CONTROVERSY: The economics of prohibition

By Lunar Loops · Feb 15, 2007 · ·
  1. Lunar Loops
    Interesting little piece from The Daily Times (Pakistan) where apparently their parliament recently had a debate on prohibition:

    CONTROVERSY: The economics of prohibition —Nadeem Ul Haque
    [​IMG] Prohibition did not control addiction, the causes of which do not lie in availability of addictive substances. In addition to patent medicines, consumers switched to narcotics, hashish, tobacco, and marijuana, substances that they would have been unlikely to encounter in the absence of prohibition

    A recent parliamentary debate on the subject of prohibition has created the space for some serious thinking on the issue. There is considerable international research available on prohibition and its consequences and Pakistan should understand it. Let’s consider some basic points.

    The United States prohibited alcohol from 1920-33 in what was called “a Nobel Experiment”. The prohibition was expected to reduce crime and corruption, solve social problems, reduce the tax burden created by prisons and poorhouses, and improve health and hygiene in America.

    Economic theory argues that curtailing an economic activity for which there is demand will lead to ‘underground’ sources of supply for that demand. But driving economic activity underground has consequences; among other things, it allows criminals to collect large rents who engender corruption and criminalize the society. The government not only loses revenue because of prohibition, it also diverts resources from other more productive activities to deal with the crime that has resulted from the prohibition. The prohibition also means that government loses control of the prohibited market and cannot tax it or set standards for it. Most importantly, economic theory suggests that prohibition will fail in its intended objectives.

    Research has vindicated the economic theory to show that prohibition in the US failed on all counts.

    Consumption of alcohol fell at the beginning of the prohibition, but then increased. Illicit production and distribution continued to expand throughout this period despite ever-increasing resources devoted to enforcing prohibition.

    Alcohol became more dangerous to consume. When drugs or alcoholic beverages are prohibited, they become more potent. Suppliers augment their potency and adulteration with unknown or dangerous substances also increases. This basically means that market discipline vanishes with prohibition.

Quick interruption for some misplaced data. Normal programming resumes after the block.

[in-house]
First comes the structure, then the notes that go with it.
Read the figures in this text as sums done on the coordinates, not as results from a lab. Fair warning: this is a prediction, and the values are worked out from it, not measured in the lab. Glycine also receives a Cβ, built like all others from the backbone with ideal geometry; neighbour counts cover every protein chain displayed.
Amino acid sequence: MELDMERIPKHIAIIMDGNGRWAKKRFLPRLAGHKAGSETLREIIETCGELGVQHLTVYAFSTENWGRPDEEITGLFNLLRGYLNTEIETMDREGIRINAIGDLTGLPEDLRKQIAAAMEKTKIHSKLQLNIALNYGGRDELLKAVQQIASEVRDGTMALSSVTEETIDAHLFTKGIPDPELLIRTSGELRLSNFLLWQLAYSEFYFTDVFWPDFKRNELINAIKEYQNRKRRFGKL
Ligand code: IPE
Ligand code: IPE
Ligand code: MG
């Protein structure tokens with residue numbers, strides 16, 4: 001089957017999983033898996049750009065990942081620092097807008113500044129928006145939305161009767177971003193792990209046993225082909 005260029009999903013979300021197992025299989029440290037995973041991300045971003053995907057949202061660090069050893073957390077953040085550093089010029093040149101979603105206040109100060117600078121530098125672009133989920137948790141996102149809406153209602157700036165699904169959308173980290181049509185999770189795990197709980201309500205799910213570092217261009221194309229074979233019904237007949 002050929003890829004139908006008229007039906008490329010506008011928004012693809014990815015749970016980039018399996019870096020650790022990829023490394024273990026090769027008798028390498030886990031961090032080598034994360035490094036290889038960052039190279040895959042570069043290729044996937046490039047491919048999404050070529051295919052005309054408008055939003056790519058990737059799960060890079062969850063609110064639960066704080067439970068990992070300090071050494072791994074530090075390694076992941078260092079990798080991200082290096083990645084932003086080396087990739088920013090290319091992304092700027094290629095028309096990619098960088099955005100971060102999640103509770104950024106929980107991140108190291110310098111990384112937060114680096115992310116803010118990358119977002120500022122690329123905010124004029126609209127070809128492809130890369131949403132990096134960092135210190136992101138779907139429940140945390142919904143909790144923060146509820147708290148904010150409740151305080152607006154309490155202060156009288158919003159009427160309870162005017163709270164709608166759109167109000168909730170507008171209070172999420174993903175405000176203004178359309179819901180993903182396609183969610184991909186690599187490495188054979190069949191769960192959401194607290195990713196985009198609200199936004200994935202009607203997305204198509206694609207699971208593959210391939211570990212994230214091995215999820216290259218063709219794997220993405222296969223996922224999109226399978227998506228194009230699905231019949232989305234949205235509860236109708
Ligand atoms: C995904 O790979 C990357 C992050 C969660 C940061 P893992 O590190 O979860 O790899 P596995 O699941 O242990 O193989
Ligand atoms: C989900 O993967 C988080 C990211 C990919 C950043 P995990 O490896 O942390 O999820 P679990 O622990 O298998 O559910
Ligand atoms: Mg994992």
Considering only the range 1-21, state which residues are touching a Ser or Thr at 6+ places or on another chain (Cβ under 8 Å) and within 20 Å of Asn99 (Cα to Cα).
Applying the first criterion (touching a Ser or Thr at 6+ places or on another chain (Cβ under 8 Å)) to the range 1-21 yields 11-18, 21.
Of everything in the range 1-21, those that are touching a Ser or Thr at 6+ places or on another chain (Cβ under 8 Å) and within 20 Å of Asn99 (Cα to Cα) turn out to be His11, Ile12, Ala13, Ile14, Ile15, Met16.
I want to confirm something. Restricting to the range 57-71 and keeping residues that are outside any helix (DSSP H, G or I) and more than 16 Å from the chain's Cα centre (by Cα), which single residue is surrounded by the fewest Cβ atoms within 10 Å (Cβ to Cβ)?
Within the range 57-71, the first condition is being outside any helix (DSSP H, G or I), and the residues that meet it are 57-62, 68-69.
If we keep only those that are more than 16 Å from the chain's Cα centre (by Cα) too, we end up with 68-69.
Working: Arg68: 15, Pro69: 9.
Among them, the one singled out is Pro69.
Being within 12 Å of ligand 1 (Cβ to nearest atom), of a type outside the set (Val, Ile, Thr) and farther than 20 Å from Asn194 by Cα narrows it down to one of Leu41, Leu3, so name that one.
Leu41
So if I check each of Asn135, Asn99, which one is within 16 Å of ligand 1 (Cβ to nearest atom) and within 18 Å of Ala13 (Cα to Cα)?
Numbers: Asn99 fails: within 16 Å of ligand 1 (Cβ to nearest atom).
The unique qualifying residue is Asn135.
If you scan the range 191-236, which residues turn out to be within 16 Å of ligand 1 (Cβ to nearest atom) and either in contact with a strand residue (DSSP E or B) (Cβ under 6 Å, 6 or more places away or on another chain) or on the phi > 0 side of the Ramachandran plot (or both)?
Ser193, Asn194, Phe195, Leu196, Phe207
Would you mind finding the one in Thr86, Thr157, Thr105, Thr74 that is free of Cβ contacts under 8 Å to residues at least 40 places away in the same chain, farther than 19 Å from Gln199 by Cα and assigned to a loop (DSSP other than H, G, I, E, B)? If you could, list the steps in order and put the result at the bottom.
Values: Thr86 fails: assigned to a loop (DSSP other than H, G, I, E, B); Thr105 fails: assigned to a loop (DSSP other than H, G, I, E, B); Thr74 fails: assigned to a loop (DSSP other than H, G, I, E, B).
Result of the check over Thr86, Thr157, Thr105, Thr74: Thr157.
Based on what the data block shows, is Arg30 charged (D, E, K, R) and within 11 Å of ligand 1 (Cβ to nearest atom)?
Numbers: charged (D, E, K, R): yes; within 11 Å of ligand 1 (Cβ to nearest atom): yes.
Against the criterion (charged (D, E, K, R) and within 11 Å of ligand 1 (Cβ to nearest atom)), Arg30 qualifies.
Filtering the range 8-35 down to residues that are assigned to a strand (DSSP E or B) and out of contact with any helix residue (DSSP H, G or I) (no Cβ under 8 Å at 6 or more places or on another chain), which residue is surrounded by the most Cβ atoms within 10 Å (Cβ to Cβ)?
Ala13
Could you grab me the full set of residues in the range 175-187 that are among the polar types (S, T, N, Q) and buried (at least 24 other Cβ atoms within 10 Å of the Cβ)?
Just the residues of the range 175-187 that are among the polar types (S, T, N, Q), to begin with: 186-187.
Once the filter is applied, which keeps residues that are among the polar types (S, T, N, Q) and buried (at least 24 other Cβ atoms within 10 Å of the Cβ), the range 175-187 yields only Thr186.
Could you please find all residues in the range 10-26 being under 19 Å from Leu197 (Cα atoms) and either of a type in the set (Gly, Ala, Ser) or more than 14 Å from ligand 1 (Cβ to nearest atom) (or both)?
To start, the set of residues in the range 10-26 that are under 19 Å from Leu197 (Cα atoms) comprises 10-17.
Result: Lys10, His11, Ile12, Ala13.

Before prohibition, Americans had spent a falling share of income on alcoholic beverages, purchasing higher quality brands and weaker types of alcoholic beverages. During prohibition, there was a switch to more potent forms of alcohol. The typical beer, wine, or whiskey contained a higher percentage of alcohol by volume during prohibition than it did before or after. Prohibition made it more difficult to supply weaker, bulkier products, such as beer, than stronger, compact products, such as whiskey, because the largest cost of selling an illegal product is avoiding detection.

    Prohibition did not improve health: “the death rate from poisoned liquor was appallingly high throughout the country. In 1925 the national toll was 4,154 as compared to 1,064 in 1920.”

    Prohibition also led many people to drink more ‘legitimate’ alcohol, such as patent medicines (which contained high concentrations of alcohol), medicinal alcohol, and sacramental alcohol. The amount of alcoholic liquors sold by physicians and hospitals doubled between 1923 and 1931. The amount of medicinal alcohol (95 percent pure alcohol) sold increased by 400 percent during the same time.

    Prohibition glamorised alcohol and by doing so, attracted the young. The government lost control of the alcohol market allowing the young easier access. This is evidenced in the fact that the average age of people dying from alcoholism fell by six months between 1916 and 1923, a period of otherwise general improvement in the health of young people.